Facebook to expand data centre empire to Denmark with Odense site

James has more than a decade of experience as a tech journalist, writer and editor, and served as Editor in Chief of TechForge Media between 2017 and 2021. James was named as one of the top 20 UK technology influencers by Tyto, and has also been cited by Onalytica, Feedspot and Zsah as an influential cloud computing writer.


Facebook has announced it will build a new energy-efficient data centre in Odense, Denmark, marking a continued expansion for tech firms choosing to store their data in the Nordic regions.

According to a report from Reuters, Niall McEntegart, Facebook director of data centre operations, told local authorities that the Odense data centre will be “one of the most advanced, energy-efficient data centres in the world.” The social giant acquired a 0.5 square kilometre plot of land in the Danish city last year.

The expansion marks the third data centre from the company outside the US, with facilities already in Lulea, Sweden, and Clonee in Ireland. Writing at the time of the Clonee launch this time last year, CEO Mark Zuckerberg noted that the facility will be cooled with outdoor air with an indirect air cooling process to filter the salt from the Irish Sea air. It is a similar process to the one which Rackspace unveiled in 2015 for its data centre in West Crawley, and again signifies the advantages of the natural temperatures in the area.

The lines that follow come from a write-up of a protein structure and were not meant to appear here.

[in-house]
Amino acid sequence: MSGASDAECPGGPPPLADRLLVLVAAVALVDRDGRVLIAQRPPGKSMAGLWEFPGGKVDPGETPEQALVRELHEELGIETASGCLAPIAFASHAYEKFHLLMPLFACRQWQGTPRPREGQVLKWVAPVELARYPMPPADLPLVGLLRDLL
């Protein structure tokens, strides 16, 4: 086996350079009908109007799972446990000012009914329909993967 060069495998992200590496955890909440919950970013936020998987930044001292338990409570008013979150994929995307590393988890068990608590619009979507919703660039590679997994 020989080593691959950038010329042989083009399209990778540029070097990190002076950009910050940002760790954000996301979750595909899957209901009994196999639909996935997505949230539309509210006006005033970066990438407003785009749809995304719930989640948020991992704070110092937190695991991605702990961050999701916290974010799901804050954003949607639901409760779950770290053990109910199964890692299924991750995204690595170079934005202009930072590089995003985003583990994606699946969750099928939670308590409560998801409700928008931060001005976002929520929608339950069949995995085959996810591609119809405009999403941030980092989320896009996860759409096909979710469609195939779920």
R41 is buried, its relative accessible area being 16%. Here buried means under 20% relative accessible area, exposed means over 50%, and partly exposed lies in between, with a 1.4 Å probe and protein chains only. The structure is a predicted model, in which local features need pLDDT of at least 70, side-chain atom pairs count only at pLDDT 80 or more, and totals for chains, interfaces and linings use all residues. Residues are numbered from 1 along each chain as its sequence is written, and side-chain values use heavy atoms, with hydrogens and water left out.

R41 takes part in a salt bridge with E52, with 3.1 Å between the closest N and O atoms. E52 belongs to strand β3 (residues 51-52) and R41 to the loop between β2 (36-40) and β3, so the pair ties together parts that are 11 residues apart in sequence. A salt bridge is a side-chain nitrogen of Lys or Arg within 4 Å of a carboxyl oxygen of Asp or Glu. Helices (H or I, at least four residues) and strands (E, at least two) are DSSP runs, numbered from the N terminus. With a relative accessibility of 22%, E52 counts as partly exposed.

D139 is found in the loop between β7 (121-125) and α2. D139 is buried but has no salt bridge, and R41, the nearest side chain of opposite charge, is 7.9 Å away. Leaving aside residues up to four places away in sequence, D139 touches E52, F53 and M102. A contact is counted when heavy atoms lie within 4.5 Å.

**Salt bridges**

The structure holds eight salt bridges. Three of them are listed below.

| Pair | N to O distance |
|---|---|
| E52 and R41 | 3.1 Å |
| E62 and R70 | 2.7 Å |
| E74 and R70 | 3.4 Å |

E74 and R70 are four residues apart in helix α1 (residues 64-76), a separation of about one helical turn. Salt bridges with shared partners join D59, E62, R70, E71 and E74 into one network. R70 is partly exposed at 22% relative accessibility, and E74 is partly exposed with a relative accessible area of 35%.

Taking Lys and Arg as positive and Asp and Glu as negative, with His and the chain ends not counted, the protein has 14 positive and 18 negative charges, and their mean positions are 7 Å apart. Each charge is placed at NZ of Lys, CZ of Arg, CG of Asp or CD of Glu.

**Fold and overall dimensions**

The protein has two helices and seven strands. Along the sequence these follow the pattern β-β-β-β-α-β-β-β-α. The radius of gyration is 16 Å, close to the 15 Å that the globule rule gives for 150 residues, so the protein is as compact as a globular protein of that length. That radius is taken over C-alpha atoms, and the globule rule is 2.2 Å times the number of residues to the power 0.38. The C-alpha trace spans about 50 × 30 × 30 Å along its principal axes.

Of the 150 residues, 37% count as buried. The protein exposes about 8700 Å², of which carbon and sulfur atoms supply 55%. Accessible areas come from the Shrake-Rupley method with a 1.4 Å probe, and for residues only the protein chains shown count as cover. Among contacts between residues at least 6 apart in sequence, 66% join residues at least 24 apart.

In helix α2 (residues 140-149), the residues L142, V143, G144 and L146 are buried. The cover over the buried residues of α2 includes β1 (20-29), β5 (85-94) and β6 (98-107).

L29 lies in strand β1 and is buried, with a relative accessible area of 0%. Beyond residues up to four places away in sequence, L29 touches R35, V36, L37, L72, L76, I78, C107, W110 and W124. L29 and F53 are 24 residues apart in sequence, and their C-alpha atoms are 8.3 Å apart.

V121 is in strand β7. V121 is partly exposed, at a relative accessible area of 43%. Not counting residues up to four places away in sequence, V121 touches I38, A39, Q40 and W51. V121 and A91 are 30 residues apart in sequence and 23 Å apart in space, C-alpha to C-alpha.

The data centre facilities in Lulea are well documented, with Facebook being the most prominent customer of The Node Pole. Swedish data centre providers also enjoy significant electricity cuts as of January 1 after parliamentary legislation was secured in November last year. The rates were down to 0.005 krona, or 0.00054 US dollars per kWh, as of January 1 2017 at a 97% cut.

Speaking to this publication in 2015, Anne Graf, then investment and development director of The Node Pole, explained the importance of the Swedish premiership recognising the potential of the data centre industry in the region. “Facebook has been hugely important, not only for the Node Pole but also for the region, both in terms of jobs created and bringing this industry to the attention of Sweden,” she said.

Danish energy minister Lars Lilleholt said in a statement that Denmark has “one of the world’s greatest energy systems, with large quantities of green energy, high security of supply, good fibre connections and competitive power prices.”

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